Black on Black

blackonblack“All this talk about black on black crime when people should be finding examples of black on black appreciation instead.”

I have a difficult time interacting with people who fit stereotypes because I don’t know the right words to say to them. Maybe it’s because I was raised in the time of PC — Perfect Christian — when people pretended not to notice things like others fitting a stereotype while at the same time mocking them in private. And stereotypes are stereotypes for a reason, because enough people in a particular group fit them, but maybe it’s self-perpetuating too.

It’s like when a crime goes down in the hood and the cameras are rolling so that they can get some footage for the news. Somehow the reporter finds the one person in the entire area who sounds the absolute dumbest and sticks a camera in his face.

“Yeah, I seen what dey did, sh*%, naw mean? Dat sh*% be buggin’, yo. Dis gon’ be on da news?”

And the whole time he has his pants down around his ankles with a pick sticking out of his lopsided afro, with eight teeth missing and a few holes in his t-shirt. In the background you can see his cousin waving at the camera, and you imagine TLC’s “No Scrubs” as the soundtrack for the scene. People in the neighborhood scratch their heads while they watch the broadcast, wondering where this “brutha” came from because they’ve never seen him before, and they swear the news program hired someone to play the role so no one forgets this happened in the hood.

I always want to shake the reporter and tell her, “We’re not all like that!” because guess what? Too many non-Blacks see that fool on the TV as a representation of all Blacks everywhere. Continue reading “Black on Black”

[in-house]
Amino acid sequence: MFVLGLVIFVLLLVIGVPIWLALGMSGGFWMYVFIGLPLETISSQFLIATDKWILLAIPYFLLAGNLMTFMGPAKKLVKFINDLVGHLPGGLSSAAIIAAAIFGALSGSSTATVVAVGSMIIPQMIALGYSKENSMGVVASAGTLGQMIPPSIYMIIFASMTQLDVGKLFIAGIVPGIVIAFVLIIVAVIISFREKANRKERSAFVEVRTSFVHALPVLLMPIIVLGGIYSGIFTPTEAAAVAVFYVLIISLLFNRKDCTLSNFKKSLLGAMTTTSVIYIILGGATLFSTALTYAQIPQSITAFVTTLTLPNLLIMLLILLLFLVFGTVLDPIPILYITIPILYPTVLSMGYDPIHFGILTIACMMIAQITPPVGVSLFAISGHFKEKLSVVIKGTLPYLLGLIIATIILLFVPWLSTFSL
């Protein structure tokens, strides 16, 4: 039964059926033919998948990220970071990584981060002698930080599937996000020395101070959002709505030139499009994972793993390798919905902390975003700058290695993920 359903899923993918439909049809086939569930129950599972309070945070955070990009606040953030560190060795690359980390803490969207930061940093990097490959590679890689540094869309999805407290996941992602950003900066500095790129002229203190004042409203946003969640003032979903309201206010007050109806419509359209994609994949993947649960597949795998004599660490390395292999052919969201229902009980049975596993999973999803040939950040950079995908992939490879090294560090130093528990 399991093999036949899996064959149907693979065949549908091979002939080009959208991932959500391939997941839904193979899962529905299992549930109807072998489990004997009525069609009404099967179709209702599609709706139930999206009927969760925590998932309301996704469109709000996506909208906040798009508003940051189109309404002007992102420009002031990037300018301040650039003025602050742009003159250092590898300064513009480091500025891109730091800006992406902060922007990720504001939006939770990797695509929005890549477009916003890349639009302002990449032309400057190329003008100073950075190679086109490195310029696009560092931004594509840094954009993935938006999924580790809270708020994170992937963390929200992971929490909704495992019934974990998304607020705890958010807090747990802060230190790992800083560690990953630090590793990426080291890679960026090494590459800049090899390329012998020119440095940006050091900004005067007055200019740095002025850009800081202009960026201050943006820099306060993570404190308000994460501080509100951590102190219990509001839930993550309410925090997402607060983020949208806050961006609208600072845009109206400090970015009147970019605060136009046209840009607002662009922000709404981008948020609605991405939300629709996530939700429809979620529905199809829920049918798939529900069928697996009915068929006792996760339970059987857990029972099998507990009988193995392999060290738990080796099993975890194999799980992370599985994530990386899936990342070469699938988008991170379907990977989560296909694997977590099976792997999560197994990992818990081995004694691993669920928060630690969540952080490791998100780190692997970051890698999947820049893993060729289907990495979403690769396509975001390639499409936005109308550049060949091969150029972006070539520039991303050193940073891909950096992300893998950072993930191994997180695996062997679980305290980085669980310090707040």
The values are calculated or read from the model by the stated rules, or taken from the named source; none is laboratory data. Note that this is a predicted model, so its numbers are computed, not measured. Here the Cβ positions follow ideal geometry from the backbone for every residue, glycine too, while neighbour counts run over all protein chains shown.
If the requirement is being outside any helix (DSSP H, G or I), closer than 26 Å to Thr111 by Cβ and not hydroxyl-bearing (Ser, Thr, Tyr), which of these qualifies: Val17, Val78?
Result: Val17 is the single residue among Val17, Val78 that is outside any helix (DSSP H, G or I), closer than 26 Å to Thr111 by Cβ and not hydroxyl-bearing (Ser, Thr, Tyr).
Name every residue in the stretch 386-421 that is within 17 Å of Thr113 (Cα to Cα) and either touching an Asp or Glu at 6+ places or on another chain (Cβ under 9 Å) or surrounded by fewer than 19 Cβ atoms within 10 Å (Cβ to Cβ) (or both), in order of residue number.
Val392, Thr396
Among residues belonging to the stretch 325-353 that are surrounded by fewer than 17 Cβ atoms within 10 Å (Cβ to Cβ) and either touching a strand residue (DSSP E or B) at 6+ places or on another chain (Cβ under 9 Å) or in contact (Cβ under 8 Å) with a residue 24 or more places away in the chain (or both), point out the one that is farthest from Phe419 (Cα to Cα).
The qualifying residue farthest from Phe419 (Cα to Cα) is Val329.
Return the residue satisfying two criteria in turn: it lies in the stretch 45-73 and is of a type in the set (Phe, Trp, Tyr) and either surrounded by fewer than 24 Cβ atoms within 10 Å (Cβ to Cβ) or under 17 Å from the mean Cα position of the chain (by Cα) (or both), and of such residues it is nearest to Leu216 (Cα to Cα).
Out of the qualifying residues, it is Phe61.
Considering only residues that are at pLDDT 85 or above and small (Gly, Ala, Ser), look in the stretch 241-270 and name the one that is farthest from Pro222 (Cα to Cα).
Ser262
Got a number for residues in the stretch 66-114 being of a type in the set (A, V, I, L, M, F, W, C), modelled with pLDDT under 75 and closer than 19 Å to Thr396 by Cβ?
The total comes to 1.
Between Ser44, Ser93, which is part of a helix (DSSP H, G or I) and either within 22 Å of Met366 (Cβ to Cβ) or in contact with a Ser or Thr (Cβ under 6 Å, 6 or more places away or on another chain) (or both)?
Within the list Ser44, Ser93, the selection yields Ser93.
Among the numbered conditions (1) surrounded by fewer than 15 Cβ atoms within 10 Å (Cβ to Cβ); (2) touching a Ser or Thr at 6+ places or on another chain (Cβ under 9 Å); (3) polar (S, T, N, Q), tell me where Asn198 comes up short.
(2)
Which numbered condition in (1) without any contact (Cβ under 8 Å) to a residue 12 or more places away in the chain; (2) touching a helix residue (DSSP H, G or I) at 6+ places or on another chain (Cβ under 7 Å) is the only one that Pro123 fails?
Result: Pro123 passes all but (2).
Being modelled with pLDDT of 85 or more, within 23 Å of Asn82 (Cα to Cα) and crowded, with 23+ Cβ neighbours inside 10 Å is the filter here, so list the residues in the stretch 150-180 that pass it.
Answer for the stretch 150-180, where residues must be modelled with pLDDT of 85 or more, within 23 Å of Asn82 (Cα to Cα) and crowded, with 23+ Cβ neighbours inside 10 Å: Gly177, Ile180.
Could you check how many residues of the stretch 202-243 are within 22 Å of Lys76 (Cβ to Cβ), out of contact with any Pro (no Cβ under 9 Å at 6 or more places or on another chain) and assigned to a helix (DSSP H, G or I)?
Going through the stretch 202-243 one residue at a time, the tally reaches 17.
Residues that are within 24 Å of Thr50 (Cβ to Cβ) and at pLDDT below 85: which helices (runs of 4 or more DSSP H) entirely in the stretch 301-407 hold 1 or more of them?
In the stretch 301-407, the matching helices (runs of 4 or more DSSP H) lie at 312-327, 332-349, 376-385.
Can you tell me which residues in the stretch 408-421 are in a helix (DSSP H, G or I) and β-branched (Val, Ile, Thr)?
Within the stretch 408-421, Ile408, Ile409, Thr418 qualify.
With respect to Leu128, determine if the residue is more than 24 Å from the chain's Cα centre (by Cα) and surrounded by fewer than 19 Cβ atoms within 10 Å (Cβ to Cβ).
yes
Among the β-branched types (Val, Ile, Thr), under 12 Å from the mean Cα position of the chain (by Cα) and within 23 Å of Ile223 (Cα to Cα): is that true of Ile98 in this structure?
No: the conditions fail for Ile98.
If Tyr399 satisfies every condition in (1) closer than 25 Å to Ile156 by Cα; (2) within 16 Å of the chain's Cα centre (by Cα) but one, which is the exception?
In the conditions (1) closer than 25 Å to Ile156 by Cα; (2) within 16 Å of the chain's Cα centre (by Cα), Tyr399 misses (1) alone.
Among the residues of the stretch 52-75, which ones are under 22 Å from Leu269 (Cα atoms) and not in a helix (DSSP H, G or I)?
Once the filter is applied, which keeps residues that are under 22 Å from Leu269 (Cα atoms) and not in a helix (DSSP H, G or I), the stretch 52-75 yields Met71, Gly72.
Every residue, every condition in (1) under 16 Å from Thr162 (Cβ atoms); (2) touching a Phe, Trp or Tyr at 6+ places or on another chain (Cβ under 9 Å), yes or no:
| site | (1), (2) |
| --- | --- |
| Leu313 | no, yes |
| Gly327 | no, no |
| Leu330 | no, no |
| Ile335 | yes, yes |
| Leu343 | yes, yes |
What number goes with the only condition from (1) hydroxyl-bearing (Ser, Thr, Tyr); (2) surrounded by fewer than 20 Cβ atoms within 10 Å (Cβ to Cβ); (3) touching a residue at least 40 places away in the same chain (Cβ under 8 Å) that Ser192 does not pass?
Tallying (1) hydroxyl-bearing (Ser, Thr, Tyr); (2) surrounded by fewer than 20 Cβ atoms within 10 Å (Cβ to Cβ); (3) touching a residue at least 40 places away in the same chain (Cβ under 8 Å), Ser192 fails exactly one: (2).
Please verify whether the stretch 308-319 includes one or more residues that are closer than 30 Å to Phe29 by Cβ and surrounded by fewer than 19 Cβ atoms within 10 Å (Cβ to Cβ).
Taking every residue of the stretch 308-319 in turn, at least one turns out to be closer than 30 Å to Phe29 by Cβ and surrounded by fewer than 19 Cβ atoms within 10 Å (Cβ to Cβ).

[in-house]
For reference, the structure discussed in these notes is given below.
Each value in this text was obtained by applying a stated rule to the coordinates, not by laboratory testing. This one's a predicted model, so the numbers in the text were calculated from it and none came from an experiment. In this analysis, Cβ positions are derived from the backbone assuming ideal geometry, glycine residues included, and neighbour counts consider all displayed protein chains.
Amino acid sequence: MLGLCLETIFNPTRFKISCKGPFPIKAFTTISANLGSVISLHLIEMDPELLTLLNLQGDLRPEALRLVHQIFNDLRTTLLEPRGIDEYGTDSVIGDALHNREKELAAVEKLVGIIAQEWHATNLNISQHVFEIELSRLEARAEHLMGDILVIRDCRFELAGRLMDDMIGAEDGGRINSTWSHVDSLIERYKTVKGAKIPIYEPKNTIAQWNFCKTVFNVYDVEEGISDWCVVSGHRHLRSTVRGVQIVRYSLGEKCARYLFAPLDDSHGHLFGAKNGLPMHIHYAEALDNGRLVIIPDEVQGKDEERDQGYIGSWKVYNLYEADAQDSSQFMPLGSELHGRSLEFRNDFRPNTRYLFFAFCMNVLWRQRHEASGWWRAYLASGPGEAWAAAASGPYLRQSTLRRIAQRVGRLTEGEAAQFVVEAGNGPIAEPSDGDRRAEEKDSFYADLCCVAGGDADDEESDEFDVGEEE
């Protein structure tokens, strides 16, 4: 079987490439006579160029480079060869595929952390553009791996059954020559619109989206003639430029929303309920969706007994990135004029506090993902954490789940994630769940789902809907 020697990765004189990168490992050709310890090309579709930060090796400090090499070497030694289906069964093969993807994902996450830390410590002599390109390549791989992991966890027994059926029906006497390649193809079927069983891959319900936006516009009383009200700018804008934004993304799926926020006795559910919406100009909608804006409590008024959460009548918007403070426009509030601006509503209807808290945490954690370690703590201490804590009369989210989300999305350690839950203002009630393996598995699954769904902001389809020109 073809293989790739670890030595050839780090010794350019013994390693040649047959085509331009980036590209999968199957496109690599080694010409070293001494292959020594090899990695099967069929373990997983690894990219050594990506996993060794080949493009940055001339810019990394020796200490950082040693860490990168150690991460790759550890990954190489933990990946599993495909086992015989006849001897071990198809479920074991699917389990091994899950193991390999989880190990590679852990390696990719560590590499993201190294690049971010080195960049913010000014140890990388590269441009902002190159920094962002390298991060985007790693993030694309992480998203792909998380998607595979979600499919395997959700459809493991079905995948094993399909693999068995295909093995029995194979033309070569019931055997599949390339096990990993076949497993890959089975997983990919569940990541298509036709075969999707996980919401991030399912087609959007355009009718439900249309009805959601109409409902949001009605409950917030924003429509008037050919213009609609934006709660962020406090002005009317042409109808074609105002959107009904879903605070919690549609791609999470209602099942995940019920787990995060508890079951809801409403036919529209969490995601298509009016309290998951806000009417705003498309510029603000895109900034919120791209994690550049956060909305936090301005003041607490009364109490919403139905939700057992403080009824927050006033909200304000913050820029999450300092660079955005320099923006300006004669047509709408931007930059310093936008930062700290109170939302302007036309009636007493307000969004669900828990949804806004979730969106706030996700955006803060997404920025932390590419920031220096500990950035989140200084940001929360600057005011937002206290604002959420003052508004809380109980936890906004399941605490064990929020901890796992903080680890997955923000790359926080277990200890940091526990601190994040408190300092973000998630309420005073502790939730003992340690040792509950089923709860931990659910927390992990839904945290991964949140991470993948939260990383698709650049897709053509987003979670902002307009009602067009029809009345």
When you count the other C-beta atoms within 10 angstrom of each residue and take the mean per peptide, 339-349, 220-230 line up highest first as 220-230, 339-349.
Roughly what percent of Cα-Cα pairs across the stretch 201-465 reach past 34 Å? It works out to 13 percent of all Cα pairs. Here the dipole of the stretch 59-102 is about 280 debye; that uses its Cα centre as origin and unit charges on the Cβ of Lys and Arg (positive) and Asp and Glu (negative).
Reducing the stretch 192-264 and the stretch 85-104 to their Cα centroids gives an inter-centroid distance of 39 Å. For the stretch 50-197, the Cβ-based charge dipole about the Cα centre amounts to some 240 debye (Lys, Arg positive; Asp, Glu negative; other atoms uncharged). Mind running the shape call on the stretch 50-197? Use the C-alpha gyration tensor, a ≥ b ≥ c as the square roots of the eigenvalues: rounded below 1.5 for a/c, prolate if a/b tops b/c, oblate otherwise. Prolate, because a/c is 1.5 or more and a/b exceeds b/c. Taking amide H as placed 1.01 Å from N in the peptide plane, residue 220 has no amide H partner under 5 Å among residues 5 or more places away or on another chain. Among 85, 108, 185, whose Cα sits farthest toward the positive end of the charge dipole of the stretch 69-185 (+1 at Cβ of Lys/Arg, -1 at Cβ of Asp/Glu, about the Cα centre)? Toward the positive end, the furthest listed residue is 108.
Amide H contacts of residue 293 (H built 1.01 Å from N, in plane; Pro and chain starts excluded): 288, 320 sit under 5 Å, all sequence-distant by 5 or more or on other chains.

Self-Fulfilling Prophecy

harvardThere’s a young man going to Harvard who had a 4.0 GPA last semester. That’s no surprise, as Harvard is one of the top universities in the country, and it takes someone with superior academic ability to even be accepted. The surprise is that this young man was born and raised in a trailer park, to a single mother who had him when she was a teenager.

This young man went to public schools all his life, and walked a mile to get to the bus stop every morning, but he never let any of that stop him, and he never felt like he had to apologize for it either. Instead, he broke the cycle and is in the process of making something of himself. Why should that be so surprising? Because unlike so many others, he believes in being other than what he was. He believes in a future of his own choosing, not the one he was born into.


“A self-fulfilling prophecy is a prediction that directly or indirectly causes itself to come true, by the very terms of the prophecy itself, due to positive feedback between belief and behavior.” -adapted from the theories of Robert K. Merton

I liken it to the placebo effect, whereupon a person feels the effects of a drug they didn’t actually take because they believe they did take it. It’s all in how you approach your life, not in how others see you. That’s one of the major problems in society, the feeling that everyone else knows us better than we know ourselves. Too often we give in to peer pressure, to the ideas of everyone else about who we are, and about where we’re going in life. But it’s not about them and their views. It’s about how we envision our lives, and we can’t afford to forget it. Continue reading “Self-Fulfilling Prophecy”